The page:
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Explaining the Why of math to a reluctant teen


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My ds is a why guy? Explaining math previously was easy, we use it everyday, numbers are everywhere. He used to be good at math. It comes easily to him, but he's frustrated. We're in year 2 of algebra and he gets it, he's just annoyed with math. He hates writing down steps, he solves things in his head. We've changed programs a few times, had a hard time finding the right balance between the way I teach and the way he learns. I think we've found the right program finally. We even took a couple week break and ran through some geometry problems, he didn't respond well to those either.

 

He's a right brain leaning learner and does better when he understands the importance of a subject. He's not buying my threadbare reasons for algebra and above. :glare: So how would you address this? Why do you think math is important, not just for schooling but for life?

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Why do you think math is important, not just for schooling but for life?

 

I see two avenues of explaining here.

 

1. Math for the everyday guy in everyday life.

Geometry and trig is needed for any construction project.

Exponential function is needed to understand compound interest, to estimate whether it's worth refinancing your mortgage, how to invest for retirement etc. Every business owner is faced with optimization problems.

Statistics is necessary if you want to understand data in newspapers and studies - you need to have some basic knowledge to judge whether the information is useful or whether it is utter nonsense because, for instance, the sample involved too few subjects so that the standard deviation is larger than the effect.

 

2. Math is essential in science. A deep scientific understanding will require mathematics. Higher math, that is - not just arithmetic.

So, if he wants to be an educated person who understands how the world works, math will be necessary.

 

And if he wants to have options for his future, he needs to make sure to have all the math that will enable him to choose any major in college - maybe he is pragmatic enough to accept this as a reason to study math. Not just for science and engineering fields. A future veterinarian needs to take algebra and trig based physics in college. A future pharmacists must have calculus and calc based physics as an undergraduate in order to get into pharmacy school.

Edited by regentrude
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You got me. I don't see the importance of *algebra* in life, much less algebra 2.

 

How do you handle finances? Mortgage interest? Investing?

Yes, of course on can outsource these things - if you trust your financial advisor. That can end very badly - as it did for many people.

But by the same token, I could outsource shopping and would not need a knowledge of how to add.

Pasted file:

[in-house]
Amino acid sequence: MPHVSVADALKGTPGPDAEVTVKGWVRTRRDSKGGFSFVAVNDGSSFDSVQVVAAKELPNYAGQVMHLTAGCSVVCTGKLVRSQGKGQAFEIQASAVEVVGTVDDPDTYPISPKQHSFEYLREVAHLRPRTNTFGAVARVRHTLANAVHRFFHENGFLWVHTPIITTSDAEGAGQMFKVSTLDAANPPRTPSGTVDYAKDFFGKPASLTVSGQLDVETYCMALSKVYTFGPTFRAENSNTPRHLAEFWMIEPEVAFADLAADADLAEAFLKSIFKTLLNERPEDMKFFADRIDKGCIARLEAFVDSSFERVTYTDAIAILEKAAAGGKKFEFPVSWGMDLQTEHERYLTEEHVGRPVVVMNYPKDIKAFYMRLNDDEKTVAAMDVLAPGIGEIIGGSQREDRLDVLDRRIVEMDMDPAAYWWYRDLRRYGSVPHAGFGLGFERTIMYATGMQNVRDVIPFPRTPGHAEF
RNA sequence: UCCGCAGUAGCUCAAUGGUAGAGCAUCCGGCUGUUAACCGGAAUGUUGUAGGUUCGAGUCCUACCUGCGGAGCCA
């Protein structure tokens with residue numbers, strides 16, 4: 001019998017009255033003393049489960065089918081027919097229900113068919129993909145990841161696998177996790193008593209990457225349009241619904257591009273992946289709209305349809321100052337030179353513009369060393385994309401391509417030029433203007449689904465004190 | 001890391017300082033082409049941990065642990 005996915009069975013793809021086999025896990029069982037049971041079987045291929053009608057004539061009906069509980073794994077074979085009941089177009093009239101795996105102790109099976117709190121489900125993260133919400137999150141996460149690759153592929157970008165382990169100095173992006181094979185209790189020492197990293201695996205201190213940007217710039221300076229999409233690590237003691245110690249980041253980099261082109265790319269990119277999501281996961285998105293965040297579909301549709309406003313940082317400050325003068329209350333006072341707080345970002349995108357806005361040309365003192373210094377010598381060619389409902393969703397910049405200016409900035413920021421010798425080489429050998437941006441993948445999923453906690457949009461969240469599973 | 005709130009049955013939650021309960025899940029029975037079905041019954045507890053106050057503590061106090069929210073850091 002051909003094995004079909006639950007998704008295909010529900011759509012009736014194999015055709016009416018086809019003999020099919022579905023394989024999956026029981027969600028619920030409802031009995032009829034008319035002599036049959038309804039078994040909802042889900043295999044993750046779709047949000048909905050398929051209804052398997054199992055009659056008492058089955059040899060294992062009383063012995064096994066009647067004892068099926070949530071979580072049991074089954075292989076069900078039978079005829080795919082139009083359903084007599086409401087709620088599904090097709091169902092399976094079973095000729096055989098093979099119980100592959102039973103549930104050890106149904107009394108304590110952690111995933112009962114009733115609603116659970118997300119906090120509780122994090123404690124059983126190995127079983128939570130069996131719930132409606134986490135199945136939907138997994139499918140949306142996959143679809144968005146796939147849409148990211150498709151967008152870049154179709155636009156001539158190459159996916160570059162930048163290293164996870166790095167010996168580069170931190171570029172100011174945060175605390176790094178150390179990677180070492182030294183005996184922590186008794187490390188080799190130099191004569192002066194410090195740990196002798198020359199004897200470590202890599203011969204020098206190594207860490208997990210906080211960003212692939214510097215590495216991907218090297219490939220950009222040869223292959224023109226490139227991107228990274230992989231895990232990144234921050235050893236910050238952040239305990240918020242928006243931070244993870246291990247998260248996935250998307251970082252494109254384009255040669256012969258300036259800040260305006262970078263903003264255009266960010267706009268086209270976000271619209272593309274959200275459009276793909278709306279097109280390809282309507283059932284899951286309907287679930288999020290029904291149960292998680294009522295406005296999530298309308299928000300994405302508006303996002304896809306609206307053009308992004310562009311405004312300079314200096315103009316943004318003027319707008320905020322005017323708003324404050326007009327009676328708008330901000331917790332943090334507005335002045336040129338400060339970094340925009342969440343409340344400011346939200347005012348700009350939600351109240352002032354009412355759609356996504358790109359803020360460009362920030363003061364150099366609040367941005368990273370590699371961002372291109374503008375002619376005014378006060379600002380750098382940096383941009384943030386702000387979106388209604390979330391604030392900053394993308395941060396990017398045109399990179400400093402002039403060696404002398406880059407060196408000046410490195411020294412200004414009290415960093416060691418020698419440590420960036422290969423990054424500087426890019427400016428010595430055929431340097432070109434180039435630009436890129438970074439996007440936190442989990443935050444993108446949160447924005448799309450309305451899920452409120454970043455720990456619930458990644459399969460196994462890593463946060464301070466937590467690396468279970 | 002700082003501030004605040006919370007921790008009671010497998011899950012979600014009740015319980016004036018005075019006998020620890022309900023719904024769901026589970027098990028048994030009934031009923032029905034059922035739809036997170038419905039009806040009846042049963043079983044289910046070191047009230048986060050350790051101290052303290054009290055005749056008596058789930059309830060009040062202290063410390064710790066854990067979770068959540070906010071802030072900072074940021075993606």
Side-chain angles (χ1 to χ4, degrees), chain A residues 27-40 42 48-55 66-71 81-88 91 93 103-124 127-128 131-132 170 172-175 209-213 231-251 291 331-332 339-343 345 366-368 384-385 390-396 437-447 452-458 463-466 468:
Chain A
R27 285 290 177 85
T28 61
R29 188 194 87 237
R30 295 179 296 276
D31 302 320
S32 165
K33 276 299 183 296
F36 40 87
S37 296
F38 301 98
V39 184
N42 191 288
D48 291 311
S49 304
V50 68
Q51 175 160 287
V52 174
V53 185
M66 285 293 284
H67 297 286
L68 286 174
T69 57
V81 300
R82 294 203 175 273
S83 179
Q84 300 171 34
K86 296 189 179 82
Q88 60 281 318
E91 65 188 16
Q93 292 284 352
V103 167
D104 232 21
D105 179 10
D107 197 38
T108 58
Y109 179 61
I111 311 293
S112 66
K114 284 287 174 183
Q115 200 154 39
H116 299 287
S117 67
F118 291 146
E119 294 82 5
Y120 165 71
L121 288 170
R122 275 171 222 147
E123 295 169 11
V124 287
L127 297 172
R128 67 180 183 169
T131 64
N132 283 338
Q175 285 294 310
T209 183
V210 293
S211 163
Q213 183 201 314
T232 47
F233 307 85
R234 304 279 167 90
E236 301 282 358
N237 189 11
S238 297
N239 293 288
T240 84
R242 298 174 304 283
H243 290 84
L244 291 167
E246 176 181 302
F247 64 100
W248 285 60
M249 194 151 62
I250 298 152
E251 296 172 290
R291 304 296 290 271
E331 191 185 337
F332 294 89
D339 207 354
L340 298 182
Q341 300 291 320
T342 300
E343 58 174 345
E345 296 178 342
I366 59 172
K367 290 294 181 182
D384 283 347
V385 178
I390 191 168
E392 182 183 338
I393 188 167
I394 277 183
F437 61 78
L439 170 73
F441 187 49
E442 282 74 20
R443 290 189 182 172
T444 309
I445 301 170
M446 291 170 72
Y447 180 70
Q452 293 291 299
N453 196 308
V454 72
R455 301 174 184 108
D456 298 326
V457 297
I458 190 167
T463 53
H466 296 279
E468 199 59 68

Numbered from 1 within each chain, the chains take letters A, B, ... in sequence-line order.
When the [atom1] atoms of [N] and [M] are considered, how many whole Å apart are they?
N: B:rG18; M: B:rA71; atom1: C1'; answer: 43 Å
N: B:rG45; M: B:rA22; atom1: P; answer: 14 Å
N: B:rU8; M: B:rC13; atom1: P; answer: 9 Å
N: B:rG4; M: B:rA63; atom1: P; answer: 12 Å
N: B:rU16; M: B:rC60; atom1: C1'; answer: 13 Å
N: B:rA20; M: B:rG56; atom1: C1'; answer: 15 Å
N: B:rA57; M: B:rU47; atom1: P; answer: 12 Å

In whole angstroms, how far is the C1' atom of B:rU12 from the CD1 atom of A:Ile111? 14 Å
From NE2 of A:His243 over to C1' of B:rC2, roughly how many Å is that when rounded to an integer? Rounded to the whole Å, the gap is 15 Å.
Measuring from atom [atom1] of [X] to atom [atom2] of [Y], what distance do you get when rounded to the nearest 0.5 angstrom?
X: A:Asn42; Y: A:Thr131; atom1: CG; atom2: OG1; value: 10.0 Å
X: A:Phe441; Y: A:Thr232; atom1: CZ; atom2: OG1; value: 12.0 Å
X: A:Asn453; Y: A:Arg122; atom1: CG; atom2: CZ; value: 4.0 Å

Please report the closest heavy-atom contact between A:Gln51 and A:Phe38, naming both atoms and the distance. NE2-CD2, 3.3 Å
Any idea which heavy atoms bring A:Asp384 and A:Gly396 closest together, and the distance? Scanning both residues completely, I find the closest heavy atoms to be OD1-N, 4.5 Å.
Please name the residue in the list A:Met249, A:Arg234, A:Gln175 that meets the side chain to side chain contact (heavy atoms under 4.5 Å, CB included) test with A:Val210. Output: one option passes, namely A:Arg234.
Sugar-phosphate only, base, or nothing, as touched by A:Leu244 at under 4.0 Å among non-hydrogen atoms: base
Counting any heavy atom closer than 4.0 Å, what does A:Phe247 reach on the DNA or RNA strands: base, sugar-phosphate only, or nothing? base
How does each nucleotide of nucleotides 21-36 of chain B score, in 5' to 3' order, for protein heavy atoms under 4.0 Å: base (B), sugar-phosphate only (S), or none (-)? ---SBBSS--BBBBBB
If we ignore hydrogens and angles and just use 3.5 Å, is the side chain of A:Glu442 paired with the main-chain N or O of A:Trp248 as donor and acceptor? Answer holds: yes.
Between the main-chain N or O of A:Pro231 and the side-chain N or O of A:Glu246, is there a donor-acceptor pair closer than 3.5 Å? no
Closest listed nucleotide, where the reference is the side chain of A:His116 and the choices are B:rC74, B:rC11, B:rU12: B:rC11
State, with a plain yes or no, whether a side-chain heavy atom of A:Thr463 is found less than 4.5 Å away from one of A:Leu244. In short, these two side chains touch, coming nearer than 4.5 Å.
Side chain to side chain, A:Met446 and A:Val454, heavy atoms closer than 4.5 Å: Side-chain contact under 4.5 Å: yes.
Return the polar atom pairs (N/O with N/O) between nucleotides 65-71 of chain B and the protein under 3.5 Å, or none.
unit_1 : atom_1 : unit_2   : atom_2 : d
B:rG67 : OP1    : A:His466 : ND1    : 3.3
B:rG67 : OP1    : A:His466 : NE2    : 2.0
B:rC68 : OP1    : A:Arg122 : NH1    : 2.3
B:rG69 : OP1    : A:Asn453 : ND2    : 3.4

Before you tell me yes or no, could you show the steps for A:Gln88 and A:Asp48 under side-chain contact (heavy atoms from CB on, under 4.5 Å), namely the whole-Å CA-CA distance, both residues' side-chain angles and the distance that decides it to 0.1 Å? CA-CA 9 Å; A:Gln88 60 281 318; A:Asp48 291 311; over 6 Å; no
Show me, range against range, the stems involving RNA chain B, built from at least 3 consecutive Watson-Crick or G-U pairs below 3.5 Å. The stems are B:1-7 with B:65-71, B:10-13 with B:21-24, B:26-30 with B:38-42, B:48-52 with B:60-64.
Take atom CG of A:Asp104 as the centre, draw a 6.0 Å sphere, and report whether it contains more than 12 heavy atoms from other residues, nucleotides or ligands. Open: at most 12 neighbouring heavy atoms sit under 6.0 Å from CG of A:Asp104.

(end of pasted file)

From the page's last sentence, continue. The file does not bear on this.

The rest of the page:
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I see two avenues of explaining here.

 

1. Math for the everyday guy in everyday life.

Geometry and trig is needed for any construction project.

 

 

2. Math is essential in science. A deep scientific understanding will require mathematics. Higher math, that is - not just arithmetic.

So, if he wants to be an educated person who understands how the world works, math will be necessary.

 

And if he wants to have options for his future, he needs to make sure to have all the math that will enable him to choose any major in college - maybe he is pragmatic enough to accept this as a reason to study math.

 

I agree, he's seen the construction issue in previous work with dh. He's very scientific minded, but his disdain for math in the last semester is hindering his desire for science.

 

Living in the diverse community that we live in, my #1 answer was that you don't want to be scammed. You need to understand money - how to borrow, how to invest, how to grow, how to make an offer for a good. You need to understand product life - when should you put more money into that car, and when should you sell and when should you junk it. You need to understand insurance. My #2 answer is that math makes your life easy. How much of X do you need? Easier to figure that out before you get to the store. Number 3 - expands your mind and develops thinking skills. Do you want to be prepared to study at the college level in math and science? If yes, do you want to do that now for free in high school or would you rather pay for it yourself in college? Number 4 - expands your sales skills. You will be pitching yourself your whole life...practice on developing and pitching a good solution to a problem now, while being a learner doesn't affect your ability to eat well.

 

He's a born negotiator, he also has been getting allowance since he was about three (seriously). He handles money very well, recently bought his own TV with some savings and a little help from his favorite grandmother. He shopped for six months to find the right deal.

 

The testing out of some college might might be motivational.

 

You got me. I don't see the importance of *algebra* in life, much less algebra 2. Unless he's going for a career that requires higher maths, then you might have to stick with "because colleges want to see it on your transcript when you apply.":tongue_smilie:

 

He probably will end up in a career that requires higher maths. I've tried the "because college want to see it" and that doesn't phase him. It might in a few years when there is more at stake, but not right now.

 

I think it's the incremental nature of algebra that is driving him crazy. He prefers to see the big picture and work backwards. That is easier to do is some subjects.